Australia Day has been marked across the country with calls for respect and harmony, as more than 16,000 new citizens pledged their loyalty.
In Canberra, Prime Minister Malcolm Turnbull officiated at the national ceremony, observing that the 27 people from 13 countries were all volunteering to join the Australian family.
"Most of us arrived into the world screaming and squalling, conscripted into Australian citizenship," he said.
"I want to honour you, the volunteers at 400 ceremonies across the country, 16,000 new Australians just like you join our 24 million-strong family."
Mr Turnbull said Australia was the most successful multicultural society in the world, diverse and harmonious, with people from close to 200 countries.
"We can look at our past with great pride and with some regret, but we are not defined, let alone trapped by our history, as many other nations are," he said.
Among those taking Australian citizenship in Canberra was Diego Torres-Villegas, 37, a Mexican-born tenor with Opera Australia whose first official task as a new Aussie was to sing the national anthem live on television.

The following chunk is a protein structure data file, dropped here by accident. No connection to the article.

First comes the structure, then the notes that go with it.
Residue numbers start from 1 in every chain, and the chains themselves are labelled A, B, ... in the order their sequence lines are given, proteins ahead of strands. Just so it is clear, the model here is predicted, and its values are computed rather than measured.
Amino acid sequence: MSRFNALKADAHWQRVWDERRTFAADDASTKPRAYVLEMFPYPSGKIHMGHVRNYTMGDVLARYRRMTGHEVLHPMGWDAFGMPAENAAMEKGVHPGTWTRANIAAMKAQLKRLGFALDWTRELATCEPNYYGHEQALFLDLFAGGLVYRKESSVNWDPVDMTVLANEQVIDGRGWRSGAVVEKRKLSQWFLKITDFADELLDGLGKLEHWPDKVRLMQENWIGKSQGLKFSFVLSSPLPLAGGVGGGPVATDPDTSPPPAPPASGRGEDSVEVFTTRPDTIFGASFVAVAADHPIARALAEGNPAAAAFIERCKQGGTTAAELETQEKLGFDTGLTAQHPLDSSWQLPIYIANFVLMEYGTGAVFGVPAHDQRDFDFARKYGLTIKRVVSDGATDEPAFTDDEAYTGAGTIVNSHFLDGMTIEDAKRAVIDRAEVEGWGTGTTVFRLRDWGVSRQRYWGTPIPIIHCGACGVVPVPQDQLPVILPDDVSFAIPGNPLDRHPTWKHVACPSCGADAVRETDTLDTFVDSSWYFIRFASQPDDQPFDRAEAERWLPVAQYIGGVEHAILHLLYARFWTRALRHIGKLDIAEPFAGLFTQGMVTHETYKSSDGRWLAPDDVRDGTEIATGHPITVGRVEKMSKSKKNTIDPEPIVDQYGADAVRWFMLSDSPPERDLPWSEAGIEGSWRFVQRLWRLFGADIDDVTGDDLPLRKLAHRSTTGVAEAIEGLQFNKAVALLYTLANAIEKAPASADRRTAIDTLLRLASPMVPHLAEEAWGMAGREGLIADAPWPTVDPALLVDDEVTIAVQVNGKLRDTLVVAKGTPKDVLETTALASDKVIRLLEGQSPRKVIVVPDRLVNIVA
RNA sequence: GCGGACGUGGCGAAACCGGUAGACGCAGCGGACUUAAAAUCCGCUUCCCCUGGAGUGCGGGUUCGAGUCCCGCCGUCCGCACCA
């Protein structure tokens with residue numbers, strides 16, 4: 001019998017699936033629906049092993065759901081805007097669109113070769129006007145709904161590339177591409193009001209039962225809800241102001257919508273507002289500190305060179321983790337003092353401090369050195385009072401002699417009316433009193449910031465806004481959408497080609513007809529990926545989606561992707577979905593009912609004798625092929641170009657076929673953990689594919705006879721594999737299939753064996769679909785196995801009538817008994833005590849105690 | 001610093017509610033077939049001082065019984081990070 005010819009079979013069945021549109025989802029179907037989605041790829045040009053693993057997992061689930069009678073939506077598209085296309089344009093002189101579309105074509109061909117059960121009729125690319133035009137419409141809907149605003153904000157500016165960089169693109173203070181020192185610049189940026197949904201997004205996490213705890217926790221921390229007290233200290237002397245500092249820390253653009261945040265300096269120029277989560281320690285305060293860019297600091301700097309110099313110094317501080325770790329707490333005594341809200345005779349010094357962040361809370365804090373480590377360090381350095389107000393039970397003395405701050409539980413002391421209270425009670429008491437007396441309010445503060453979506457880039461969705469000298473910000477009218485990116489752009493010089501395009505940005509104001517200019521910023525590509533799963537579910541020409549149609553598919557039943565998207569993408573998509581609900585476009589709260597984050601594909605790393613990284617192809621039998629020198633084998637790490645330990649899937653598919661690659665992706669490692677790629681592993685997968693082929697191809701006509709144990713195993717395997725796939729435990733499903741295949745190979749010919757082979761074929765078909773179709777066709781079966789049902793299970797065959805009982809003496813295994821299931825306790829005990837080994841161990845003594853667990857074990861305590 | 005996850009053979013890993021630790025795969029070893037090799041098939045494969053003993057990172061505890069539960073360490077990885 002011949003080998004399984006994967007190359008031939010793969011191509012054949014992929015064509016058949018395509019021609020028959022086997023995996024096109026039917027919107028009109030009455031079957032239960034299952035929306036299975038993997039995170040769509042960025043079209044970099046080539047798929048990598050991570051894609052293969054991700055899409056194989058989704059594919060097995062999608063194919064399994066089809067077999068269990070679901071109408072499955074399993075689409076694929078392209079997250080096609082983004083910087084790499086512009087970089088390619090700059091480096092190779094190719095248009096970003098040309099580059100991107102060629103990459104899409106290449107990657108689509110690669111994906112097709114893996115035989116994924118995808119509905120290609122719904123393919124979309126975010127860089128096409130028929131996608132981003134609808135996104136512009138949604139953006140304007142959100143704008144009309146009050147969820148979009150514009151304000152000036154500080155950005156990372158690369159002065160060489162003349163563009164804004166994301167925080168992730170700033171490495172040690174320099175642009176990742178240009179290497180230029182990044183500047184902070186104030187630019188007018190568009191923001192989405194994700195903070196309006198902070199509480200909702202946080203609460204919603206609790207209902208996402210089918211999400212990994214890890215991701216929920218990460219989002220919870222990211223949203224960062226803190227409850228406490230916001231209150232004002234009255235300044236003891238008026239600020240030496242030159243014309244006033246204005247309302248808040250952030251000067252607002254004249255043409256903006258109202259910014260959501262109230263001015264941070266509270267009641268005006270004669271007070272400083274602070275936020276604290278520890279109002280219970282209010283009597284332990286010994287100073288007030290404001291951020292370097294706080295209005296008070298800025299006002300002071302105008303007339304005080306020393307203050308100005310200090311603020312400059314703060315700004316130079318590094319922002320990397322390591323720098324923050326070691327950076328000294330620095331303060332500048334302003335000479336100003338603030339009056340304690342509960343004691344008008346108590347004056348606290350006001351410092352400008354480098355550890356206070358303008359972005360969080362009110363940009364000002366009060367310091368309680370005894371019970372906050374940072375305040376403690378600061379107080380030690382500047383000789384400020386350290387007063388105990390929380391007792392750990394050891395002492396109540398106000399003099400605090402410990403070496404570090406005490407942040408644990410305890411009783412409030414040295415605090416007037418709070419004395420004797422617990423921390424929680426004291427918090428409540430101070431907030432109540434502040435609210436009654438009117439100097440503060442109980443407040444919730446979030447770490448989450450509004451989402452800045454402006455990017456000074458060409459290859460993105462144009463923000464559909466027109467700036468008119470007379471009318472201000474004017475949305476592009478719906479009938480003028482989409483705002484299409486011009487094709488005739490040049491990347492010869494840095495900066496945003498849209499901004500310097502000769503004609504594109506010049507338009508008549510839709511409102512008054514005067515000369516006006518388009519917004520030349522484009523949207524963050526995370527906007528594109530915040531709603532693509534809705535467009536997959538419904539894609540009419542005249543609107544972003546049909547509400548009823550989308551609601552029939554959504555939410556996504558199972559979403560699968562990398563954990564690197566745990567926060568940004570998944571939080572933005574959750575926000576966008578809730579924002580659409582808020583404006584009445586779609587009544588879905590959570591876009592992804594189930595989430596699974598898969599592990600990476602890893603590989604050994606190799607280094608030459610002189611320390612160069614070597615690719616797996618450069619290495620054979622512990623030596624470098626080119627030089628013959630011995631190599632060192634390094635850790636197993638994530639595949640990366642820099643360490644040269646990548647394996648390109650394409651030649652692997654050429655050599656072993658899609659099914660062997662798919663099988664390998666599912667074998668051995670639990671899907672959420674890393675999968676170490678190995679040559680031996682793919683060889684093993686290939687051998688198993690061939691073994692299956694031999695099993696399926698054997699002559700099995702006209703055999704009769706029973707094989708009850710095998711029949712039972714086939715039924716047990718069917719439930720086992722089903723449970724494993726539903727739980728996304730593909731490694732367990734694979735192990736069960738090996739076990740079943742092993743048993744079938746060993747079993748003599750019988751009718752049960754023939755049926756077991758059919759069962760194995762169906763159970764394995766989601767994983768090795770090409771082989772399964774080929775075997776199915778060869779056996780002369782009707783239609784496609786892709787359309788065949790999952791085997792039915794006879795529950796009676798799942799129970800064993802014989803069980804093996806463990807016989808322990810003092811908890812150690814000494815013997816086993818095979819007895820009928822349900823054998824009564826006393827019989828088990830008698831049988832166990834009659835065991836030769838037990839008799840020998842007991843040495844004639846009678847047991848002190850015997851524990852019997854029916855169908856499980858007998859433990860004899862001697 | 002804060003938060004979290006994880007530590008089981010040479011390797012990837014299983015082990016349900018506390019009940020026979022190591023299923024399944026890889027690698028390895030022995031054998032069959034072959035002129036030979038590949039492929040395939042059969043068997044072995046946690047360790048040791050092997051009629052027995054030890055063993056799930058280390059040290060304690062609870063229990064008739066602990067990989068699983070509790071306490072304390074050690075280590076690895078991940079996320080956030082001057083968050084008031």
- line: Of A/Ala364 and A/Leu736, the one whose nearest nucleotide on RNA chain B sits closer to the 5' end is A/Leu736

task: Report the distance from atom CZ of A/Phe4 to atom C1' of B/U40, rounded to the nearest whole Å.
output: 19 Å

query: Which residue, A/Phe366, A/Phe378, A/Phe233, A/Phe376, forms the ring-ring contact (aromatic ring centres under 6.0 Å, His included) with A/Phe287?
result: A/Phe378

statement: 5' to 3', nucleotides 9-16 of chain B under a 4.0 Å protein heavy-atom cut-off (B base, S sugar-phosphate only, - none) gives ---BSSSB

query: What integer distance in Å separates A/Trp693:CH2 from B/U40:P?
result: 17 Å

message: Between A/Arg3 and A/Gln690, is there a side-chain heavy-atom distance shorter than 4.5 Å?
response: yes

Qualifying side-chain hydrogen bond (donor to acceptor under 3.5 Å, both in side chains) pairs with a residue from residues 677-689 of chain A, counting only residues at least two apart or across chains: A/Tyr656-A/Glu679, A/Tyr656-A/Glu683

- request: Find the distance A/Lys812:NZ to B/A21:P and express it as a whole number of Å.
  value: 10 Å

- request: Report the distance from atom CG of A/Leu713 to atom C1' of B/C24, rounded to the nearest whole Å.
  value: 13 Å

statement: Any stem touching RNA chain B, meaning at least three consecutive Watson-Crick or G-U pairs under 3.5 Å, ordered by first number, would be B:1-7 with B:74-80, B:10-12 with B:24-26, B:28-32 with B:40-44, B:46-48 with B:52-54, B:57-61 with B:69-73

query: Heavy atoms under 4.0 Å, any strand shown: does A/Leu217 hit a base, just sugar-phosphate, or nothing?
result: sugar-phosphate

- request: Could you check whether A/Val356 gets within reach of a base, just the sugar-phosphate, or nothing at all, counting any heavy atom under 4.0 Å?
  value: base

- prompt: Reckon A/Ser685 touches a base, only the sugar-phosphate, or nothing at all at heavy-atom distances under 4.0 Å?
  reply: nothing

"Since 2011 my family are here. We have been every single time more and more attached to the country, meeting wonderful people and feeling more and more that this was our home," he told AAP.
Australian of the Year David Morrison, the former Army chief, was greeted at the Canberra event by flag-waving members of the group Muslims for Loyalty.
In an earlier interview, Mr Morrison said Muslims faced much discrimination.
"We need to understand the challenges they face. We need to see where the rest of Australia can work with them," he told the ABC.
In Melbourne, Opposition Leader Bill Shorten presided at the Brimbank Council citizenship ceremony in his electorate, welcoming 220 new citizens from 38 countries.
"Whether you are new to our shores or today is the final formal step in a long love affair with life in Australia, thank you for joining your story to ours," he said.
In Brisbane, Lord Mayor Graham Quirk officiated at the state's largest citizenship ceremony, welcoming 582 newcomers to the Australian family, urging those from war-torn or oppressive regimes to leave any sense of hatred behind.
"We are a country ... built on two very important things - respect for one another and harmony within our community," he said.
More than a thousand demonstrators marched in Sydney mourning the "day of killing" that accompanied the landing of the First Fleet 228 years ago.
Chanting "always was, always will be Aboriginal land", the protesters marched from The Block in Redfern to the centre of the city - with similar scenes replicated in "invasion day" marches around the nation.